• Feb 25, 2011
  • The Jack (or Jill) of all Trades: Jill Hodgson

    The Jack (or Jill) of all Trades: Jill Hodgson

    Jill Hodgson likes to call herself a "broke philanthropist," which is not just funny, but probably also an apt description of her role as a jack-of-all-trades do-gooder in Central Oregon. Her job finds her as the volunteer coordinator at Common Table, downtown Bend's nonprofit restaurant, but her work extends far beyond that role. She's a poet who speaks about social change, she provides a helping hand to the city's homeless youth, helps out with arts education, coordinates neighborhood food growing efforts and, on top of all that, is always looking to help out friends and neighbors who also want to get involved in bettering the community.
    • Feb 25, 2011
  • The Rescuer: Geoff Frank

    The Rescuer: Geoff Frank

    When he's outside Tumalo Creek Kayak and Canoe, the popular water sports store he owns, Geoff Frank keeps a close ear on what's happening just feet from his back door on the Deschutes River. Frank and his employees are in the business of selling, renting and instructing people in the use of kayaks and canoes, but during the summer months, they've taken on an additional responsibility - listening for signs of distress near the Colorado Avenue bridge where floaters have in the past been known to find themselves in trouble.
    • Feb 25, 2011
  • The Teacher: Robert Tadjiki

    The Teacher: Robert Tadjiki

    Robert Tadjiki spends his days helping special needs students overcome disabilities by making sure that they focus on what they can do. A special education teacher at Bend High School, Tadjiki has been recognized for his outstanding work by the Oregon governor's office. In 2005, USA Today named Tadjiki to its annual teacher all-star list for his innovative approach to instruction. But it was a trip to China that truly expanded Tadjiki's horizons. There he met the director of a local orphanage who was selling traditional Chinese artwork in a public square. Tadjiki introduced himself and learned that the work was the product of Chinese orphans and that the proceeds were used to support the orphanage. The chance encounter led to the formation of a novel non-profit business, EChO (Educating Chinese Orphans) that is building schools for Chinese orphans, a la Greg Mortenson and Three Cups of Tea in Pakistan.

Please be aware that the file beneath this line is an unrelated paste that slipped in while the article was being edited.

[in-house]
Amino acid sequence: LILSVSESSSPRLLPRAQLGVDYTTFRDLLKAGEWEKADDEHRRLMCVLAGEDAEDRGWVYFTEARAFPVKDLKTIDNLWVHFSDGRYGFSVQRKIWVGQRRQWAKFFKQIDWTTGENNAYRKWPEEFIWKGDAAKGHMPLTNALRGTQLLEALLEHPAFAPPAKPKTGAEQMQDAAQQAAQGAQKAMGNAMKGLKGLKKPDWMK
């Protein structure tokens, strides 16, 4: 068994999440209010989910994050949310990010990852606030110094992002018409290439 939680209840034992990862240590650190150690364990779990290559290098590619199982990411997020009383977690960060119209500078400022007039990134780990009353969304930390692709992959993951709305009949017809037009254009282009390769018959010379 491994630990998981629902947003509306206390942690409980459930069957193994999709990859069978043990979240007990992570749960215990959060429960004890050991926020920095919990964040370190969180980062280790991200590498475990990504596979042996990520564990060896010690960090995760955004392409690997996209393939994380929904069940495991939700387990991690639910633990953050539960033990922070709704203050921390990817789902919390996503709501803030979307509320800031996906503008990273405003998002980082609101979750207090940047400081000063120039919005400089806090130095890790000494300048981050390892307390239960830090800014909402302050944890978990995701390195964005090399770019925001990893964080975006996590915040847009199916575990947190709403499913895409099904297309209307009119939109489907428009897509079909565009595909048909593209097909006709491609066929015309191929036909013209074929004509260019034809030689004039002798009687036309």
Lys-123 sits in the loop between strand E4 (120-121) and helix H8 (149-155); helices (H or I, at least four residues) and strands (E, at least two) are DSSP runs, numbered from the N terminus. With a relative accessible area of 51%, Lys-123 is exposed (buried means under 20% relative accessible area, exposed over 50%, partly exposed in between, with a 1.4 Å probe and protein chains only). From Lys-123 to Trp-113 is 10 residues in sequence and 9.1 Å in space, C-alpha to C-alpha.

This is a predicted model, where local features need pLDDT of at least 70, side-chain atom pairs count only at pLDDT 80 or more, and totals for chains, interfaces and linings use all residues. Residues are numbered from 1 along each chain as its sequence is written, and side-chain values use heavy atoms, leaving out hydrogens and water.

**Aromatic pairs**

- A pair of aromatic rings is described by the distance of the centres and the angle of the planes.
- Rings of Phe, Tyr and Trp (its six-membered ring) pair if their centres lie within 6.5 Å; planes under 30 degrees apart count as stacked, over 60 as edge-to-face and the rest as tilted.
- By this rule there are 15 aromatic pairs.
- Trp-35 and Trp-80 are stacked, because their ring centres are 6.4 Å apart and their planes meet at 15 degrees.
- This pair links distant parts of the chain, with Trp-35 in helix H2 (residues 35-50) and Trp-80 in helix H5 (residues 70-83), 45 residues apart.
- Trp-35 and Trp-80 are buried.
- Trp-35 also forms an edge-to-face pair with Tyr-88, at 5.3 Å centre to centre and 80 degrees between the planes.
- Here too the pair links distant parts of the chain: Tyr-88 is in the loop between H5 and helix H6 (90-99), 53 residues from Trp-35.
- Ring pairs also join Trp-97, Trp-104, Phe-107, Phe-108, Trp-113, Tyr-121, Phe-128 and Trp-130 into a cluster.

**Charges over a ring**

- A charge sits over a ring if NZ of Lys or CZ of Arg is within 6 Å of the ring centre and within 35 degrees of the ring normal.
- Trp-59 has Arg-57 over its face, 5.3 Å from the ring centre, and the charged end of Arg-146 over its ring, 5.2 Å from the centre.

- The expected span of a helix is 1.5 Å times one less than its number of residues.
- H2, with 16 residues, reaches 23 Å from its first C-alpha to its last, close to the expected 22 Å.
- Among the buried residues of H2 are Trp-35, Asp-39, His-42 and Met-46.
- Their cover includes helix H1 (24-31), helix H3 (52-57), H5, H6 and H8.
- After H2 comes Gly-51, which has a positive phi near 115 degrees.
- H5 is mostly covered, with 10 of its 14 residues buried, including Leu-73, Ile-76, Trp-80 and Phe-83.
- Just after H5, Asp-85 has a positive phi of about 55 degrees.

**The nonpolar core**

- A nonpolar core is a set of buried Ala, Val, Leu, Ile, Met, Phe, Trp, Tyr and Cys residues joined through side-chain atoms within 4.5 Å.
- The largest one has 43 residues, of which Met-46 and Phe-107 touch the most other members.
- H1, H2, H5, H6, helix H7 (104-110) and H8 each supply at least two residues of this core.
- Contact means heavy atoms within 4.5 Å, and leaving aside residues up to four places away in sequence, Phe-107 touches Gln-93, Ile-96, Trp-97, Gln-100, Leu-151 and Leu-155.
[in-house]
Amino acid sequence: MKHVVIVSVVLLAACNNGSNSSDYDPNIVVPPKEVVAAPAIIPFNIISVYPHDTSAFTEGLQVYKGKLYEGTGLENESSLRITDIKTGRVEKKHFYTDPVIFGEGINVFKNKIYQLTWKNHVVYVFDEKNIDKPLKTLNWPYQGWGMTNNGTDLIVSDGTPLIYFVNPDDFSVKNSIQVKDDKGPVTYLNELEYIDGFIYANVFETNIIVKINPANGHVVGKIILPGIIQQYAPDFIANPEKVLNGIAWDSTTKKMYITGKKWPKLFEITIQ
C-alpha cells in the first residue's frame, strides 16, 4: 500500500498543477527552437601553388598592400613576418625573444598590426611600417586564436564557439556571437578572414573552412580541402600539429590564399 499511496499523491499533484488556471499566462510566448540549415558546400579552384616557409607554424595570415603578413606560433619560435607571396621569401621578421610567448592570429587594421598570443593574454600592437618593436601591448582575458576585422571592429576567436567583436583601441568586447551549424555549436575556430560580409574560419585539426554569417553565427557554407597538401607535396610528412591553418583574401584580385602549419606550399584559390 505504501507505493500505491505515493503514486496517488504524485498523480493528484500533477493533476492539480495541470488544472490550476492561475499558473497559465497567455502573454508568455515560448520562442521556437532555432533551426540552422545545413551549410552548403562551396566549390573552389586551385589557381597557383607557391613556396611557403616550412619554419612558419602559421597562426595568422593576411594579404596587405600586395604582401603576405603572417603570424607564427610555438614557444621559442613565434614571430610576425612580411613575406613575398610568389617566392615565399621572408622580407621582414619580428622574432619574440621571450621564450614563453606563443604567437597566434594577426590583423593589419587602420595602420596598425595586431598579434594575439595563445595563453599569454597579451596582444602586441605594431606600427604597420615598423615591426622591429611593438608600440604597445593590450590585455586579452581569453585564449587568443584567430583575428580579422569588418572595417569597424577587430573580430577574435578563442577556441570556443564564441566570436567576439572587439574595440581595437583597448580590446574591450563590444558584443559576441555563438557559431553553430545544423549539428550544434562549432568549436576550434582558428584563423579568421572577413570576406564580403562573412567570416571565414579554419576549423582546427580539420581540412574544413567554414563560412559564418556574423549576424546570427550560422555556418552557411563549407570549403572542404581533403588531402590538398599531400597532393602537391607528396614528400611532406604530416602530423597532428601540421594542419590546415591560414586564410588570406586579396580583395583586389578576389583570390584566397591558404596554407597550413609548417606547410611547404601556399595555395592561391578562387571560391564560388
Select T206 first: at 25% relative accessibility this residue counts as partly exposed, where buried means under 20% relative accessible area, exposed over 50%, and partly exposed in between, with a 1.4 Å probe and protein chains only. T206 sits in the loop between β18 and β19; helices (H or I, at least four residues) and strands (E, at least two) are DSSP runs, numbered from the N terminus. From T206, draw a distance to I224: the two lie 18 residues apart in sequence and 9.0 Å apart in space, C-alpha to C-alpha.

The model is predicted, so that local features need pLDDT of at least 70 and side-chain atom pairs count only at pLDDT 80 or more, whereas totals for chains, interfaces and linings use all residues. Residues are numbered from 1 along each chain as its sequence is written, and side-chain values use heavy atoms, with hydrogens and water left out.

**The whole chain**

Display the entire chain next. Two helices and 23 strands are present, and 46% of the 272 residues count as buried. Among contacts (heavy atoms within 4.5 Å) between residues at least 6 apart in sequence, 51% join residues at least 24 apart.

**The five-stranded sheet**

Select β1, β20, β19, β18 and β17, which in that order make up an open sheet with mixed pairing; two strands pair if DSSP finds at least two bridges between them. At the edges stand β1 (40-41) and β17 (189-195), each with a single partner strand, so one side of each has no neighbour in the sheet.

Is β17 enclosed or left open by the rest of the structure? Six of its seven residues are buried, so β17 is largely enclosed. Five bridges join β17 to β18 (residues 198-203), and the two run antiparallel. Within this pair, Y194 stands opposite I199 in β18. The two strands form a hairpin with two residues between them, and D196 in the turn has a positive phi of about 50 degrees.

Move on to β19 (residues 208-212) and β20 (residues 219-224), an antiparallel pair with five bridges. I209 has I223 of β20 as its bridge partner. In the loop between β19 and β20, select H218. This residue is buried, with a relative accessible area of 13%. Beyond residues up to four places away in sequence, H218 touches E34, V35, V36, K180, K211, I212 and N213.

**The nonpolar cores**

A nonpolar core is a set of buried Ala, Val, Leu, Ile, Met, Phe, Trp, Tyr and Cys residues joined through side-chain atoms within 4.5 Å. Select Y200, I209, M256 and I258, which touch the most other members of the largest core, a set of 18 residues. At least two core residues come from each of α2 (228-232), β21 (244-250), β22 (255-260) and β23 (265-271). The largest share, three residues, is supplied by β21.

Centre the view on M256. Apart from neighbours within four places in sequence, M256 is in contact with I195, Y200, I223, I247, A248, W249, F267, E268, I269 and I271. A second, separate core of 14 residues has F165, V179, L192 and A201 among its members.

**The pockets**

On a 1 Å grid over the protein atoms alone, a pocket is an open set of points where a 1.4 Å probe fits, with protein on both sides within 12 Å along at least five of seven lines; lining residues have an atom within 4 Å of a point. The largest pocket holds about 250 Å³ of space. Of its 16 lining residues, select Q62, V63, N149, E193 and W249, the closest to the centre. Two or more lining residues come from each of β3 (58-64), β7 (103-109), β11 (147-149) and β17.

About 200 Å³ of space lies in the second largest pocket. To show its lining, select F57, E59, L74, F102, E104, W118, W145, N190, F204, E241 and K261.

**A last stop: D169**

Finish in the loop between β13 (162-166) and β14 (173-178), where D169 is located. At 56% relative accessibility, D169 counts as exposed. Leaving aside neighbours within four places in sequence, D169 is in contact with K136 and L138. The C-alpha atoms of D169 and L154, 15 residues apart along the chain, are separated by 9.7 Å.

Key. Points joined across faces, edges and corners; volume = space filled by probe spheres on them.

• Feb 25, 2011
  • The Soldier: Ryan James Craig

    The Soldier: Ryan James Craig

    The word "hero" is sometimes applied quite literally, which is the case with Madras native Ryan Craig. He joined the Army after doing a stint as a carpenter and was nearly killed by a sniper's bullet that pierced his combat helmet during a patrol in Kabul. Ryan, 23, was scrambling to assist a pair of injured soldiers after his unit came under fire from insurgents when he was hit. A brawny young man who played both offensive and defensive line for the Madras High School football team, Ryan literally carried the big gun in his patrol, a .308 caliber, Mach 48, designed to pin down enemy soldiers and keep them hunkered.
    • Feb 25, 2011
  • The Trail Angel: Lloyd Gust is a Pacific Coast Trail hiker's best friend

    The Trail Angel: Lloyd Gust is a Pacific Coast Trail hiker's best friend

    Lloyd Gust has never met a hiker he didn't like, and he's met a lot. Gust has been hiking the Pacific Crest Trail since 1946, or if you ask him, "back in the stone age." For the past 11 years, Gust has volunteered his time as a Pacific Crest Trail Angel, helping hikers on the trail by providing them with water while also bringing them into Bend and Sisters for medical care, a warm night's rest and plenty of beer, food and entertainment. Each year Gust helps between 200 and 250 hikers who are in need in his area of the trail, which stretches from Windigo Pass, near Crater Lake, to just south of Mt. Hood.
    • Feb 25, 2011
  • More »

Comments

Subscribe to this thread:

Add a comment

Latest in Local Heroes

More by Sara Roth

© 2016 LAY IT OUT INC | 704 NW GEORGIA, BEND, OREGON 97703  |   Privacy Policy

Website powered by Foundation